Characteristics of long-term survivors with multiple myeloma: A National Cancer Data Base analysis

Ronan W. Hsieh, Ronald S. Go, Jithma P. Abeykoon, Prashant Kapoor, Shaji K Kumar, Morie Gertz, Francis K. Buadi, Nelson Leung, Wilson Gonsalves, Taxiarchis Kourelis, Rahma M. Warsame, Angela Dispenzieri, Martha Lacy, Robert A. Kyle, S Vincent Rajkumar, Jonas Paludo

Research output: Contribution to journalArticle

Abstract

Background: There exist insufficient data characterizing patients with multiple myeloma (MM) who experienced prolonged survival. A population-based analysis of long-term survivors was conducted to investigate the roles of sociodemographic factors and upfront stem cell transplantation (SCT). Methods: The National Cancer Data Base is a US cancer database of approximately 34 million patients from >1500 cancer centers. Patients with MM were identified using the International Classification of Diseases for Oncology (ICD-O) code 9732 from January 2004 to December 2006 and were divided into 4 groups based on overall survival (OS). Sociodemographic characteristics, treatment facility, and use of SCT were recorded. The univariate and multivariate analyses were performed using multiple logistic regression and Pearson chi-square tests. Results: A total of 26,986 patients with MM were identified. The median OS was 2.74 years. The majority of patients were male (54%), white (77%), insured (93%) and otherwise healthy (78%), lived in a metropolitan area (82%), were of high income (66%) and educational (58%) levels, and received treatment at nonacademic facilities (63%). Upfront SCT was used in 10% of patients. One in 6 patients (16%) were long-term survivors (group 4). When comparing group 4 (OS of ≥8.22 years) with the other groups (OS of <8.22 years), young age, female sex, high income and educational levels, residence in a rural area, insured status, no comorbidity, receipt of upfront SCT, and treatment at high-volume facilities were associated with long-term survival. Conclusions: Key differences in sociodemographic characteristics, patient volume at treatment facilities, and upfront SCT were associated with long-term survival. Improvements in health care access and health literacy, upfront SCT, and treatment at high-volume facilities might prolong patient survival.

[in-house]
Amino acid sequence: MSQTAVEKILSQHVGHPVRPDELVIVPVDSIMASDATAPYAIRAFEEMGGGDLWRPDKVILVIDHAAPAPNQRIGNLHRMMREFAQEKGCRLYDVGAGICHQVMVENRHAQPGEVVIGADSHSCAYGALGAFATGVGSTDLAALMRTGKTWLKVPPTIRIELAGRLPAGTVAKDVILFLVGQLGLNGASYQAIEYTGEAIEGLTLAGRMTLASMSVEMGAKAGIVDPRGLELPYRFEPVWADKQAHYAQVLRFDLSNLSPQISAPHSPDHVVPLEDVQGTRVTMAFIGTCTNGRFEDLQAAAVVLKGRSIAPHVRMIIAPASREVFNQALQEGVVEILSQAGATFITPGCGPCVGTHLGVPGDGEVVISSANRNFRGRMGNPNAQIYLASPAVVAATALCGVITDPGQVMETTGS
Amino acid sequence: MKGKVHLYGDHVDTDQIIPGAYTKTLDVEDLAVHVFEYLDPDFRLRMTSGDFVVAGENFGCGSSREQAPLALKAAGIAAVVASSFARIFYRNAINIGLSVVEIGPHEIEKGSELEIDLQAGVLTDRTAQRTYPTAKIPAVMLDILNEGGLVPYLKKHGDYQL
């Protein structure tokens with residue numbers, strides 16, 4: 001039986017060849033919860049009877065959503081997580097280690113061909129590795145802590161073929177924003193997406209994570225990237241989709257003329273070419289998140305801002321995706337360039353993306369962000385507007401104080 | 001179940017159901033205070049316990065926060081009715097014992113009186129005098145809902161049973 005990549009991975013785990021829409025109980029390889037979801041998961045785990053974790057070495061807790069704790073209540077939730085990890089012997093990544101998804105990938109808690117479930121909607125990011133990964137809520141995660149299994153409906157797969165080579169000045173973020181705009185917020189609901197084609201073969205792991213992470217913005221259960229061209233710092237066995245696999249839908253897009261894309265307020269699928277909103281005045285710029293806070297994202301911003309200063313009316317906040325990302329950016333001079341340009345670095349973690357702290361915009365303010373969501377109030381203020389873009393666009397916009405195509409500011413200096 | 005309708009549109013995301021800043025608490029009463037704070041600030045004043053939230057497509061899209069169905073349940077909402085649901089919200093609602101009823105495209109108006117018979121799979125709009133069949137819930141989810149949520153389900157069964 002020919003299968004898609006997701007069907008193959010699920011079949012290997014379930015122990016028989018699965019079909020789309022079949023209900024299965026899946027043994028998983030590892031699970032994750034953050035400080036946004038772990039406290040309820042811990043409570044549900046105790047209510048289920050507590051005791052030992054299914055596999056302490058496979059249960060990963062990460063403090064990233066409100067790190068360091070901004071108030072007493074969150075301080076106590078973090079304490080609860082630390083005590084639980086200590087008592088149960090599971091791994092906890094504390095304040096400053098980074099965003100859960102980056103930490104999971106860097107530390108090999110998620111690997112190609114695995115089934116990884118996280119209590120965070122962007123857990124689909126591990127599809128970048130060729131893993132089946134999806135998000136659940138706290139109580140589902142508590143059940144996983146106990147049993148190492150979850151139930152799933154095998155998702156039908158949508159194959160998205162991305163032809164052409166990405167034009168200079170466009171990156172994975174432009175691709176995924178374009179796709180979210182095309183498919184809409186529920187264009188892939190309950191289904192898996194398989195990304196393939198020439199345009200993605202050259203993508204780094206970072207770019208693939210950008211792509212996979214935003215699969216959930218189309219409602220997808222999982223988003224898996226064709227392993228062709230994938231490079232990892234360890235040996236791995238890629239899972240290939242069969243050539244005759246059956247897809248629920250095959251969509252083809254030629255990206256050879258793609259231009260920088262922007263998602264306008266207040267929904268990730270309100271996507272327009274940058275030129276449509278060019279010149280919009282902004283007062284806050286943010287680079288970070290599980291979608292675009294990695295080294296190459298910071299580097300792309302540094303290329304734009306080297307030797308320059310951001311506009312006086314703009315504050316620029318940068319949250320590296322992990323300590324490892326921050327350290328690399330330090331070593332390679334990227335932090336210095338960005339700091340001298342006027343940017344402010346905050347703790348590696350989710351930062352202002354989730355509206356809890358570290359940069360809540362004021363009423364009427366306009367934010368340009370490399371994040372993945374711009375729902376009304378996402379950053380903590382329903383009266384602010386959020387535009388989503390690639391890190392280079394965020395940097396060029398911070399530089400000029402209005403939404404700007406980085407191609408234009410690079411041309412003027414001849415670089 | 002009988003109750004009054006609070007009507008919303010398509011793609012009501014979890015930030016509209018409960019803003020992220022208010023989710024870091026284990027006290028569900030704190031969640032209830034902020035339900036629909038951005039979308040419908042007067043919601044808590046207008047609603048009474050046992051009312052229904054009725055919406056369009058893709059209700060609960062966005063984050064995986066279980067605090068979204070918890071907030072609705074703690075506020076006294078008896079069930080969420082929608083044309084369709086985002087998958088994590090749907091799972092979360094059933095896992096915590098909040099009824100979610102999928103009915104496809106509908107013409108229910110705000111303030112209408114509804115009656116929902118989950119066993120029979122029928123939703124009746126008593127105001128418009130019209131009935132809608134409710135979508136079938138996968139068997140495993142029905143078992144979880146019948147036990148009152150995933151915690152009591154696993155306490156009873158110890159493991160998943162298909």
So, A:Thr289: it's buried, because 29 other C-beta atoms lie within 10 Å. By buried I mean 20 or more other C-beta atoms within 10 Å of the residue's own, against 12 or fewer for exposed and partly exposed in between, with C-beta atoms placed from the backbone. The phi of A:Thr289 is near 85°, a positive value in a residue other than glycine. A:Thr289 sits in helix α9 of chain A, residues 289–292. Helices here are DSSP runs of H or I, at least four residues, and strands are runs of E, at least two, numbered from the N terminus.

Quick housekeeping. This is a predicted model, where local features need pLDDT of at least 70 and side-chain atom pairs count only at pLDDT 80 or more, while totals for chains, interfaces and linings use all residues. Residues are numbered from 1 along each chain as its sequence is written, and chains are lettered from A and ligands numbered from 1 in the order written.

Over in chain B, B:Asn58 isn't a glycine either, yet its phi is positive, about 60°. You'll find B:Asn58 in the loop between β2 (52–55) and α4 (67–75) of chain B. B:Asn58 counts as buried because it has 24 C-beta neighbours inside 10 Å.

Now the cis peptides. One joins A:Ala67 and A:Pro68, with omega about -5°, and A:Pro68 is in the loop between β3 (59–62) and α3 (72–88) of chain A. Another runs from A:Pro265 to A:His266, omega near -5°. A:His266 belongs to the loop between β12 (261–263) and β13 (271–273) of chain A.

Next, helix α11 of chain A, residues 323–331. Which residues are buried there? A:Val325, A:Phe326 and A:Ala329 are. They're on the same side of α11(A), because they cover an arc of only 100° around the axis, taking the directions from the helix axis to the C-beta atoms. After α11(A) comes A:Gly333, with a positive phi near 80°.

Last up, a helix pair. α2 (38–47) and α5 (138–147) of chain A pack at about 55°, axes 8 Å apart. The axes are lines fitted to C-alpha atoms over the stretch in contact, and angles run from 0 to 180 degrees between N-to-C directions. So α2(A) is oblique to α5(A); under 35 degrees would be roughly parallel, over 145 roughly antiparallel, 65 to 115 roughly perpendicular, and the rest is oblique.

Original languageEnglish (US)
JournalCancer
DOIs
StatePublished - Jan 1 2019

Keywords

  • hematologic malignancy
  • multiple myeloma
  • National Cancer Data Base
  • plasma cell dyscrasia
  • stem cell transplantation

ASJC Scopus subject areas

  • Oncology
  • Cancer Research

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